While most of us are tucking into a turkey, or watching the mandatory re-run of Chitty Chitty Bang Bang, some people take the time to go onto GOV.UK. Traffic on the site was at 20% of normal levels, but that still leaves more than 450,000 people looking for things like jobs, the next public holiday and travel advice.
Mobiles used in record numbers
Back in January 2014, Tom Loosemore predicted that more people would use tablets and mobiles on GOV.UK than desktops on Christmas day 2014, if not before. He was right. A majority of people used mobile and tablet devices to look at GOV.UK on 12 July 2014. Of course, that’s a Saturday. People use mobile phones and tablets much more on the weekends and holidays, but it’s happened a bit faster that Tom thought it would.
However, on Christmas Day mobile sessions alone have exceeded desktop for the first time ever; 41.5% mobile to 41.3% desktop. Perhaps this is partly due so many people receiving new mobiles as Christmas presents.
Hour by hour trend
During the week, our site traffic peaks at 11am. On Christmas Day, most people looked at GOV.UK in the evening, and traffic peaks between 8pm to 9pm, possibly because people are preparing to go out. The most visited page during this time was the start page to pay the Dartford Crossing charge (Dart Charge).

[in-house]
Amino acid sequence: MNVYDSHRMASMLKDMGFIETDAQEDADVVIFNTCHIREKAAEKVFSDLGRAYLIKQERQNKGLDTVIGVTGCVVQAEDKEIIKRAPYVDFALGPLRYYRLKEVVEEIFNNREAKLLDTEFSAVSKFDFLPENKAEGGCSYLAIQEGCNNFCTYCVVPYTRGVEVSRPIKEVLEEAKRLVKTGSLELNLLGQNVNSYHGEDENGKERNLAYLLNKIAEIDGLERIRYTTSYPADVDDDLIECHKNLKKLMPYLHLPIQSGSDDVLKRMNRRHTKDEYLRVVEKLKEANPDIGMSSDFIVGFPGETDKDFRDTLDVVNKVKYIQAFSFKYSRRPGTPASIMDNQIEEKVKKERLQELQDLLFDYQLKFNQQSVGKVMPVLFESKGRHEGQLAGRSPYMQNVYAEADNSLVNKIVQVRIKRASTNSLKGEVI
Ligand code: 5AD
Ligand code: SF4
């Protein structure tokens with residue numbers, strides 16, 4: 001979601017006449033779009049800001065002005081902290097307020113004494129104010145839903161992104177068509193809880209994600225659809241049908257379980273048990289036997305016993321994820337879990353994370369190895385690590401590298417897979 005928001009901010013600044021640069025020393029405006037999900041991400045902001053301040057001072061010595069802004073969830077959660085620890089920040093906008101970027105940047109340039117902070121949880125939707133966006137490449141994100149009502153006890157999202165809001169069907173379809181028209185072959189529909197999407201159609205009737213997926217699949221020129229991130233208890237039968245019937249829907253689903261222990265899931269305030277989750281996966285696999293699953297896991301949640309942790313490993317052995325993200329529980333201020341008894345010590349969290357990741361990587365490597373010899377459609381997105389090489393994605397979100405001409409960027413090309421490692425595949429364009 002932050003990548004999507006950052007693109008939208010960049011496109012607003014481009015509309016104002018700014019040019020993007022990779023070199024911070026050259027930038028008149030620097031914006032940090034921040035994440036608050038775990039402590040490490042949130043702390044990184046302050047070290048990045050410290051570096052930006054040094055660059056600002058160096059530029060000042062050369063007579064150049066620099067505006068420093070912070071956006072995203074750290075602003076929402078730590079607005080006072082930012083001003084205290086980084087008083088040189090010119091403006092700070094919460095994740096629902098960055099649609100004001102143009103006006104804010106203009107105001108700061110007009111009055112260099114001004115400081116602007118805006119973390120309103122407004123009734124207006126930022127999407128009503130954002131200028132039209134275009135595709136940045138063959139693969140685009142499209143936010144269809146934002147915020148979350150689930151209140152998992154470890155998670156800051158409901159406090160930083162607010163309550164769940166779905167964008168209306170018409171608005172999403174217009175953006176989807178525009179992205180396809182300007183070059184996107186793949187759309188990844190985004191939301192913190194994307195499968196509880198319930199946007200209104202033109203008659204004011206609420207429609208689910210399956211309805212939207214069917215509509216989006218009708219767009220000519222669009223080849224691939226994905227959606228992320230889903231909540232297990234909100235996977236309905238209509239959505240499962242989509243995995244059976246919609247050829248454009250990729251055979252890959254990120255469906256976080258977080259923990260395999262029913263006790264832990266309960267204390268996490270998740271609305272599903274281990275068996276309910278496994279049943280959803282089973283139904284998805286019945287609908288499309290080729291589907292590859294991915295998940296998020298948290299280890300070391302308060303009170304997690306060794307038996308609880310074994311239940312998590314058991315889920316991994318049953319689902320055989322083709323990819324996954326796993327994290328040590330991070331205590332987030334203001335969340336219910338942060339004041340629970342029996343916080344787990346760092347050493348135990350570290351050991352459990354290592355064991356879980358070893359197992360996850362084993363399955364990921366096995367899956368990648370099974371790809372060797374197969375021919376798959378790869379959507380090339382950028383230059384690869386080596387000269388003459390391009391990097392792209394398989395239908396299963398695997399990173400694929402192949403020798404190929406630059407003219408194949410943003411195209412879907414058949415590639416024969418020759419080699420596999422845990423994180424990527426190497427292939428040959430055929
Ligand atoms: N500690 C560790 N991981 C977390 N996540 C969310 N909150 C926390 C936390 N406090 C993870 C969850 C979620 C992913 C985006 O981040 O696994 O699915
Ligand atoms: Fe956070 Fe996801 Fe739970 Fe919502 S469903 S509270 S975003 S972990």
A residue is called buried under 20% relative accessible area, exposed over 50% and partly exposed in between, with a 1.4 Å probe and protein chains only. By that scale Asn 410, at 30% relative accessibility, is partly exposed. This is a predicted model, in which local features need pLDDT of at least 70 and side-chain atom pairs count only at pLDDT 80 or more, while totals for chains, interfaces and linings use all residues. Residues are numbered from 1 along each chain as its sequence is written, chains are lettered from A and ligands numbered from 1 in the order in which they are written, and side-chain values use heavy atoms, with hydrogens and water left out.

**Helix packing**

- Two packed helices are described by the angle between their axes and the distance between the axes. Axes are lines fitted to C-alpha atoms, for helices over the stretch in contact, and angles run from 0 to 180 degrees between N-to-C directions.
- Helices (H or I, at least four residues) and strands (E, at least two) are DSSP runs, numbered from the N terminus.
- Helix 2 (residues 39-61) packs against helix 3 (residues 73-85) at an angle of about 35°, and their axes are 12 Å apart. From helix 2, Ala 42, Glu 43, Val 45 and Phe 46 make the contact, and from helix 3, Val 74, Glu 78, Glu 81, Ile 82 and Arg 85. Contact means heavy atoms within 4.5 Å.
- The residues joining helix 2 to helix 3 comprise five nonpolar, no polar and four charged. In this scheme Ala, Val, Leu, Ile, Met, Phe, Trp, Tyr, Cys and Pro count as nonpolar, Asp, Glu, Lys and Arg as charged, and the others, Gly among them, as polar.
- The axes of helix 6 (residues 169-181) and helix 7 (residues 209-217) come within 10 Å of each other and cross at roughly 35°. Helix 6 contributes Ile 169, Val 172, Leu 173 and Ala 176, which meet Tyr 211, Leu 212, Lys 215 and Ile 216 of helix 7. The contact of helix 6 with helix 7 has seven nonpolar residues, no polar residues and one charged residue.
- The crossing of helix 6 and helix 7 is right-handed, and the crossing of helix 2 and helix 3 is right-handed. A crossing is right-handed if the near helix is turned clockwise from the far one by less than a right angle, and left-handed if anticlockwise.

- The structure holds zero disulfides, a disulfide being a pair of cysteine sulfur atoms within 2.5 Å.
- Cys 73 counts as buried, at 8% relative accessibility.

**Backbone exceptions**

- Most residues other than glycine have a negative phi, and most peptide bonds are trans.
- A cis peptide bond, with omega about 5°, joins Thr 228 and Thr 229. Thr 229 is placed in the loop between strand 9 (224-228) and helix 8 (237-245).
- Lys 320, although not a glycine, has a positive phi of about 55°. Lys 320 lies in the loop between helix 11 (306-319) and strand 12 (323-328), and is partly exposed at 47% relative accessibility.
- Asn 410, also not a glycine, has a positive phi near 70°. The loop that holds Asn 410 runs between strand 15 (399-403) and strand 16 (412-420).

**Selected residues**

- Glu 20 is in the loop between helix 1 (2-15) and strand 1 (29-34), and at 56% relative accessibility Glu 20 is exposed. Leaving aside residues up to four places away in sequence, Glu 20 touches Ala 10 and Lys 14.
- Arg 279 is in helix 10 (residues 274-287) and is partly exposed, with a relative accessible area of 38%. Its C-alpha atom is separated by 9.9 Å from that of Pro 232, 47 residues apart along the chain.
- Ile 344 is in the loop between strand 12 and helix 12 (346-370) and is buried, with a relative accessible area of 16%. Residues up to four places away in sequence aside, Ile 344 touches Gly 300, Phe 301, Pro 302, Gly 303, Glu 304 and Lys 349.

As expected on Christmas Day there is interest in seasonal content: drink drive limits, tax credit and benefit payment dates over the holidays and shop trading hours. And there are plenty of organised individuals looking for the next rubbish collection day.
Large numbers of people come to GOV.UK looking for the Queen’s Christmas message but end up with the Queen’s Speech to the opening of Parliament. And others are looking for the New Year Honours list a few days before it is published.
Some trends are less clear. Why would content on carrying a knife or banned dogs or shotgun licences be so popular on Christmas Day?
Traffic to some GOV.UK content falls less than others. People from outside the UK look at visa and residence information about as much as they do on a normal day; 20% of yesterday’s site traffic came from abroad. Interest in travel content remains higher than other subjects, and government campaigns promoting superfast broadband and apprenticeships continue to create traffic over Christmas.
Ashraf Chohan and Paul Cronk are Performance analysts in GDS